What we see in the film is ostensibly the footage that James the cameraman shot between getting up to pack one morning and the doomed end of the expedition. I think he may have got about three minutes’ worth of usable footage. The rest is

    variously him being a monumental pillock, or else myriad shots of Michelle’s bottom, presumably as part of the film-makers’ clever strategy to distract people from noticing the total lack of Amazonian rain-forest.

    There is a thin line between amusing buffoonery and desperately objectionable pathological perversity, a line which James crosses early on (i.e. within the first minute) and never returns from. Designed presumably as both the viewer’s ‘in’ to the worlds of broadcasting, science, and exploration, he is also meant to be the purveyor of light-hearted comic relief. I fervently believe that the film-makers believe they had struck comic gold both with the character and the actor. They were wrong. Despite spending most of his time off screen (though he still manages to film himself a fair bit, the narcissistic twerp), you will want this character eviscerated, and the sooner the better. You will be disappointed – he’s our eyes for the vast majority of the film. And he’s desperately unfunny and there’s no escape. Imagine being trapped in a coffin with Bernard Manning. It’s much worse than that. For reasons unknown , James spends his time sowing seeds of discord between his fellow cardboard cut-outs, but when tested by unimaginable terror (i.e. the intervention of the dinosaurs) he suddenly finds a kind of gung-ho redemption. It is tooth-achingly painful to behold.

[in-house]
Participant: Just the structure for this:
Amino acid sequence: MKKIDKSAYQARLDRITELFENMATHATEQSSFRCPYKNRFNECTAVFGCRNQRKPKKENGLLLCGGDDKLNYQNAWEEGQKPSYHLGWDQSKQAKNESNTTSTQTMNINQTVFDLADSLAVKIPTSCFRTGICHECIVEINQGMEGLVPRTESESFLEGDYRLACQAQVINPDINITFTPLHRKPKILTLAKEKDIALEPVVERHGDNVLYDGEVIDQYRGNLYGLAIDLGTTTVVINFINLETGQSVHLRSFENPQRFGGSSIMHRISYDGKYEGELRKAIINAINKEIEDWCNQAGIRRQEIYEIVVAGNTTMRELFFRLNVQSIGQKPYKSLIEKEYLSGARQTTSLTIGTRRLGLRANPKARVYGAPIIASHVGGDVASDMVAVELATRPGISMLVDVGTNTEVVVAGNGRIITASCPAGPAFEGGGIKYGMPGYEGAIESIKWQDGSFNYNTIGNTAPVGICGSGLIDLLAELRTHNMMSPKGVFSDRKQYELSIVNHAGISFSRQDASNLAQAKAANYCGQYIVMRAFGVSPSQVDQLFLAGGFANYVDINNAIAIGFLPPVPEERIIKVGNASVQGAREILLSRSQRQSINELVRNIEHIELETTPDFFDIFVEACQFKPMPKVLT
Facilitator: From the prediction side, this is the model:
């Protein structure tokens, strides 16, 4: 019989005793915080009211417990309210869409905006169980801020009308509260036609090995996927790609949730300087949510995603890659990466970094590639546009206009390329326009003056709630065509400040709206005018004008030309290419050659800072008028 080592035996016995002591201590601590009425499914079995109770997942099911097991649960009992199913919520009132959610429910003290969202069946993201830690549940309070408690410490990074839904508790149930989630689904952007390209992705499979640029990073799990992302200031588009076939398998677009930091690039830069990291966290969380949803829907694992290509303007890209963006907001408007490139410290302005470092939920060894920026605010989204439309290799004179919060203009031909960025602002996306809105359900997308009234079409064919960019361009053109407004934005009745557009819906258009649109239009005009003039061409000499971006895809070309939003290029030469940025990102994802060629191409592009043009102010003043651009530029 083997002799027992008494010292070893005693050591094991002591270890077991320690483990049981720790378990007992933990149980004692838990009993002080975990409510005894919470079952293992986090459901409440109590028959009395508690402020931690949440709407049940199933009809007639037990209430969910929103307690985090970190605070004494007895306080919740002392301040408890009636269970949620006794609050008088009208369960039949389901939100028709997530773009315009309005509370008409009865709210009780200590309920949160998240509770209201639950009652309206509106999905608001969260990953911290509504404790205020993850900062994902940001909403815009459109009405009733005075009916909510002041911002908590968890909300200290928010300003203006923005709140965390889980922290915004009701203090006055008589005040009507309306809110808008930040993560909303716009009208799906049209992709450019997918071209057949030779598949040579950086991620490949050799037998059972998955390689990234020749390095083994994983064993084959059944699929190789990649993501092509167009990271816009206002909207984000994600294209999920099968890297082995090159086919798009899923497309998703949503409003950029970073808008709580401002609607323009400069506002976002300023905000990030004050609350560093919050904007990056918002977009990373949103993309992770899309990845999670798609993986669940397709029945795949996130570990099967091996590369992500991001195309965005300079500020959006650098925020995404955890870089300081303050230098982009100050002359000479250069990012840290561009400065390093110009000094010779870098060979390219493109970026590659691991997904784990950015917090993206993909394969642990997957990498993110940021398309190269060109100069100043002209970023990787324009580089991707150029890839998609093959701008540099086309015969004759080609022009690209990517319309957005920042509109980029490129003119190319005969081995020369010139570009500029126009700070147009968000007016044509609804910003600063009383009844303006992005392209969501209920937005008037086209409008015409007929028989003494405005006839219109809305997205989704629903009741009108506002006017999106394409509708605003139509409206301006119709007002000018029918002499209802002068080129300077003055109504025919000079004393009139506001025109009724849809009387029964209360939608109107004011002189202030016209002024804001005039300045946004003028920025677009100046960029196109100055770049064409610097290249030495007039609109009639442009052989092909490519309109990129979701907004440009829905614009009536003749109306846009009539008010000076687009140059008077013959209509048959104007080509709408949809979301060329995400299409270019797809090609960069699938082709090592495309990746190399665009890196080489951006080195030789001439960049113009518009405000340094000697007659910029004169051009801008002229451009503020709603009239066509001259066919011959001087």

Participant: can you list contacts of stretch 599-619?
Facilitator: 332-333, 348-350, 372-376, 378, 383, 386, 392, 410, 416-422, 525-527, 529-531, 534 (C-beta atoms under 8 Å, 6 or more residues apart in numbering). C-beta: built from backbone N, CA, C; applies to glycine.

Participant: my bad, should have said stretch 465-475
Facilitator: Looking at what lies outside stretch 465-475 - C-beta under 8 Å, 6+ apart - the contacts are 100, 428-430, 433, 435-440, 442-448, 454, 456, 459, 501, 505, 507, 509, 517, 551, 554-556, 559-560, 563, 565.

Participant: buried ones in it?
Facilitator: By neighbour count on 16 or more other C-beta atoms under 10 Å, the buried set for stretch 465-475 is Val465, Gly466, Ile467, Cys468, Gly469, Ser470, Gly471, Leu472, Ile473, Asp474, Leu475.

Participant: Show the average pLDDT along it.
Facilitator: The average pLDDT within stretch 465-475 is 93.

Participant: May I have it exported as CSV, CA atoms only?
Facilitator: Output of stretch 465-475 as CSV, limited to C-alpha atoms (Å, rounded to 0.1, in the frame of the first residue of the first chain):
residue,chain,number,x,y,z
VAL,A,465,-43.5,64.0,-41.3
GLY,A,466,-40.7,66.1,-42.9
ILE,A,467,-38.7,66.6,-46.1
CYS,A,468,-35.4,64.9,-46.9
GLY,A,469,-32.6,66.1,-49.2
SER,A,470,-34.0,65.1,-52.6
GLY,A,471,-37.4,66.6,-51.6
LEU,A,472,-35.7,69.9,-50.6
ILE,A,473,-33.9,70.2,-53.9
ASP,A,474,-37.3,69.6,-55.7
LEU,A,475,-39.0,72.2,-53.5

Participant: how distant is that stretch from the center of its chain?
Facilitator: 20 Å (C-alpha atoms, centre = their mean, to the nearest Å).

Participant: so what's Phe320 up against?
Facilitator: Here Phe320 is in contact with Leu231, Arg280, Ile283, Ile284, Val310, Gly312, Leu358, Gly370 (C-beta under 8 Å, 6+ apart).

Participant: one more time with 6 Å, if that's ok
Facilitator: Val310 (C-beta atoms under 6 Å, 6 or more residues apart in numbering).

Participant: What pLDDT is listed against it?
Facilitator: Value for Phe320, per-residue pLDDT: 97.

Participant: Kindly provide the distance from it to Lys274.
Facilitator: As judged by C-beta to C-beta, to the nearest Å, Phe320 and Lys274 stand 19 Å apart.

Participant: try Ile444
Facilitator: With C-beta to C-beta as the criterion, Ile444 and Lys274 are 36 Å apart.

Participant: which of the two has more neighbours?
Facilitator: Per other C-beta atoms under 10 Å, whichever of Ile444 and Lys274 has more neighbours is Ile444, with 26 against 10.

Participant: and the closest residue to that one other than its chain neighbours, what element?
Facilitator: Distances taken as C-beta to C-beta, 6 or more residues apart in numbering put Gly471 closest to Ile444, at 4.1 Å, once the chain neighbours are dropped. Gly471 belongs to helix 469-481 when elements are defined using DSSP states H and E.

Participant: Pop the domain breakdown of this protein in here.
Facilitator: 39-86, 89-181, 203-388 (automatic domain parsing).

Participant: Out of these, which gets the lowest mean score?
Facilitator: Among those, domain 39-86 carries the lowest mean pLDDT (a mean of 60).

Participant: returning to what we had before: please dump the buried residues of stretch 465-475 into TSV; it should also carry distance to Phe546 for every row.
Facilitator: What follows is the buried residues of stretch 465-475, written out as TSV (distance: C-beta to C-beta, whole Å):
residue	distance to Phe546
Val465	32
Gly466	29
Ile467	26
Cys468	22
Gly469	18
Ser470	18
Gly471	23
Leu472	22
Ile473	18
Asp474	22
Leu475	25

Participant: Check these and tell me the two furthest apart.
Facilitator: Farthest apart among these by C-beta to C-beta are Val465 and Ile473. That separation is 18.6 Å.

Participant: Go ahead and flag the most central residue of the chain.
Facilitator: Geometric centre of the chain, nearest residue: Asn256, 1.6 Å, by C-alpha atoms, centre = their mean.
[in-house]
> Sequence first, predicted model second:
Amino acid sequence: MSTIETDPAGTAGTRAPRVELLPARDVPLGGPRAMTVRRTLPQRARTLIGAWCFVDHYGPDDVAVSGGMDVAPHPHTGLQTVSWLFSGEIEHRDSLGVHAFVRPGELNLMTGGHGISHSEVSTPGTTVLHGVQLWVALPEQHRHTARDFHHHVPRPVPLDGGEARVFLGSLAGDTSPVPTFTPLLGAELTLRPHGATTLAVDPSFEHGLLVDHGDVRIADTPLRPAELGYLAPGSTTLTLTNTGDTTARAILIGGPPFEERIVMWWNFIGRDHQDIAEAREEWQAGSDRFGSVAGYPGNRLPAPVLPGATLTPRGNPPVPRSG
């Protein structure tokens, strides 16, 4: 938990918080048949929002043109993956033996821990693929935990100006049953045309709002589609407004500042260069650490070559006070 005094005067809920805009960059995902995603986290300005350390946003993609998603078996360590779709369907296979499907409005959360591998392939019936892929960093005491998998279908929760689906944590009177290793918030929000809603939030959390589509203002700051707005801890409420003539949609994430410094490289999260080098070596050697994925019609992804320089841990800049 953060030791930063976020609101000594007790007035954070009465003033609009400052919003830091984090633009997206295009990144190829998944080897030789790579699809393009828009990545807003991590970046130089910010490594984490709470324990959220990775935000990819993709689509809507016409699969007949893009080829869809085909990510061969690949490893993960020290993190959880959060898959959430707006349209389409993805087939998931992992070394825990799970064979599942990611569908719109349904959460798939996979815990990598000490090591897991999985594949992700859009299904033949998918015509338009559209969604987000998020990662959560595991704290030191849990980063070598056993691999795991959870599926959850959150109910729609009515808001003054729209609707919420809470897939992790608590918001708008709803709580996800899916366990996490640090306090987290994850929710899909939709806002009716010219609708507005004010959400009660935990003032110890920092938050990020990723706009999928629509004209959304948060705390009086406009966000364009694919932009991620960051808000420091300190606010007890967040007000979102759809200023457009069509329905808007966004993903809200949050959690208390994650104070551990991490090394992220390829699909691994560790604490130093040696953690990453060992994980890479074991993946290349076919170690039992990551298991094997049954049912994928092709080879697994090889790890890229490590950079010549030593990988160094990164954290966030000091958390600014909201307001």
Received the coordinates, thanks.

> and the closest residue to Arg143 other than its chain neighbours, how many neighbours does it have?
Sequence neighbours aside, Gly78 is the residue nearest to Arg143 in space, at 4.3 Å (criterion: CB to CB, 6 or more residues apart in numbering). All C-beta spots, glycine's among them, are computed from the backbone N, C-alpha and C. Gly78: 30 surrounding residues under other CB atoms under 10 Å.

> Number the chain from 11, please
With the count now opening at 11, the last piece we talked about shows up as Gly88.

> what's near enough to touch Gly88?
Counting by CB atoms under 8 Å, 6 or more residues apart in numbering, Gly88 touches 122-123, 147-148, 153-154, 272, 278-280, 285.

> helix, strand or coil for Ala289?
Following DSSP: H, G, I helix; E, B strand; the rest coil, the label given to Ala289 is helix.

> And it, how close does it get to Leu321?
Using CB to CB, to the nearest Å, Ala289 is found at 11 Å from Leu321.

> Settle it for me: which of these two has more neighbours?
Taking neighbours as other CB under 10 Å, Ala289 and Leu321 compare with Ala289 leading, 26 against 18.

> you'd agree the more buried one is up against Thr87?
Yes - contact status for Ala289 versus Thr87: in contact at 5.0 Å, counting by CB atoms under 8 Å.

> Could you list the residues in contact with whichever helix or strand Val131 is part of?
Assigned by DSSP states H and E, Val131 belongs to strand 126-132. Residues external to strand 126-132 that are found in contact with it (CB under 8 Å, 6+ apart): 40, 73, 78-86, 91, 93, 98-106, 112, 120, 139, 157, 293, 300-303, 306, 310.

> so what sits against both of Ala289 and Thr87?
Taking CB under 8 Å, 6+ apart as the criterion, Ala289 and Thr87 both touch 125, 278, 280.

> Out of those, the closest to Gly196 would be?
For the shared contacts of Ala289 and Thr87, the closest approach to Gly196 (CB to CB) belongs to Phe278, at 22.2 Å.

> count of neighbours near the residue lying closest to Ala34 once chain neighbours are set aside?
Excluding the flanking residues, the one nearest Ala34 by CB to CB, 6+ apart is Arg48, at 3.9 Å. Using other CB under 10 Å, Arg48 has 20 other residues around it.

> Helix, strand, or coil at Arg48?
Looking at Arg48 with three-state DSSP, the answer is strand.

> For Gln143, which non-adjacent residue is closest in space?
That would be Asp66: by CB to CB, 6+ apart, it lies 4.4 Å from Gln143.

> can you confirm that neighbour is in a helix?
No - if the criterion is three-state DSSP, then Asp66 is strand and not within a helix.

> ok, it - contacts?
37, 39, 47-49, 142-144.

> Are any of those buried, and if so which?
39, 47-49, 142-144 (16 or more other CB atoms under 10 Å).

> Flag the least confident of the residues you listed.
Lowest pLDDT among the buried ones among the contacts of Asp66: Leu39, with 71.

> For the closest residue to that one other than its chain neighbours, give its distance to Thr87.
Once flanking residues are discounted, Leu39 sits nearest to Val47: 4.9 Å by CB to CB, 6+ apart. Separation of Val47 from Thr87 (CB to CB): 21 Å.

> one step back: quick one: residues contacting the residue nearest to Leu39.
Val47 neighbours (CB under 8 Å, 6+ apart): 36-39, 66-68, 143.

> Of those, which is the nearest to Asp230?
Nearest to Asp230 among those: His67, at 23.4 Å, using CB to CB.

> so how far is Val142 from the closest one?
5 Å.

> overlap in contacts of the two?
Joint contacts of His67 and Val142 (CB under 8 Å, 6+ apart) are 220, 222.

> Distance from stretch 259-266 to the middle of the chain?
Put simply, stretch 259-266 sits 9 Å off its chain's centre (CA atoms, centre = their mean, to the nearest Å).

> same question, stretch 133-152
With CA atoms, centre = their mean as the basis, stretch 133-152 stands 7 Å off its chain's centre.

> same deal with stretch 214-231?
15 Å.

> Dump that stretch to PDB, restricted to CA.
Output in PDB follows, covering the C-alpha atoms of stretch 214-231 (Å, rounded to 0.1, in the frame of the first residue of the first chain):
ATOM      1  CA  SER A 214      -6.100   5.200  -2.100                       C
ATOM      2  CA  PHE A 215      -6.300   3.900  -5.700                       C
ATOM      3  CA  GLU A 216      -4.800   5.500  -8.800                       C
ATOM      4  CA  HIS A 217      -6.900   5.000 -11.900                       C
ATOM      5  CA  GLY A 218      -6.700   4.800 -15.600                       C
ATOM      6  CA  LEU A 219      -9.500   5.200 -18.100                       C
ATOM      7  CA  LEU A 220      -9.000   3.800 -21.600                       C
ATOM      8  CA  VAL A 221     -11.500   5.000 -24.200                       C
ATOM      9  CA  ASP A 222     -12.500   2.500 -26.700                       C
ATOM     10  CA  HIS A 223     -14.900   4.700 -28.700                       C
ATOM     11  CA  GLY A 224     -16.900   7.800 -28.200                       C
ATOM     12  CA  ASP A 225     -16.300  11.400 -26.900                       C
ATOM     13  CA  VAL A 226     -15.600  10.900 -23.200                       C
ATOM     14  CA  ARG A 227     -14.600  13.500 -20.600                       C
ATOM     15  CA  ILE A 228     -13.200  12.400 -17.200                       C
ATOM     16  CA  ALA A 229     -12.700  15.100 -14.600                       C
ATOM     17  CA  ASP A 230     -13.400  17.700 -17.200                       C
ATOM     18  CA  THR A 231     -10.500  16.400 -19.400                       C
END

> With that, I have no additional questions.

Away from the catastrophic James there are some compensations. There are a number of sweet moments where the actors handle creatures they’ve borrowed from a nearby zoo. It doesn’t add to the illusion, indeed it underlines just how unlike the Amazon their location is, but I like the idea that they were constantly thinking ‘how can we make this look more like Brazil? Stock footage of a monkey! Has anyone got a pet scorpion? Maybe Brian could bring his iguana along.’ And anyone who thinks they can disguise a wood in Wales (according to IMDB) as the Amazon, then fill it with flesh-eating dinosaurs, and do so for anything less than fifty million pounds, is setting themselves a challenge. They fail. But they had a go. And even more impressively they released the film so we could see them fail. And even more cheekily they dangle the prospect of a sequel, whose aim is to film the dinosaurs properly, at the end.

    You may have noticed a dinosaur-shaped elephant in the room. Briefly, as far as the dinosaurs themselves are concerned, I respect and admire the film-makers for their ambition and the decisions they made, though I think they were unwise. And, let’s face it, if we actually did come face to face with dinosaurs in real life, maybe we’d be a bit disappointed. And although the creatures are less than convincing, I nevertheless think the moment where a dinosaur pops its snout into a tent is one I will treasure for a very long time. It’s little moments like that which make movies worthwhile.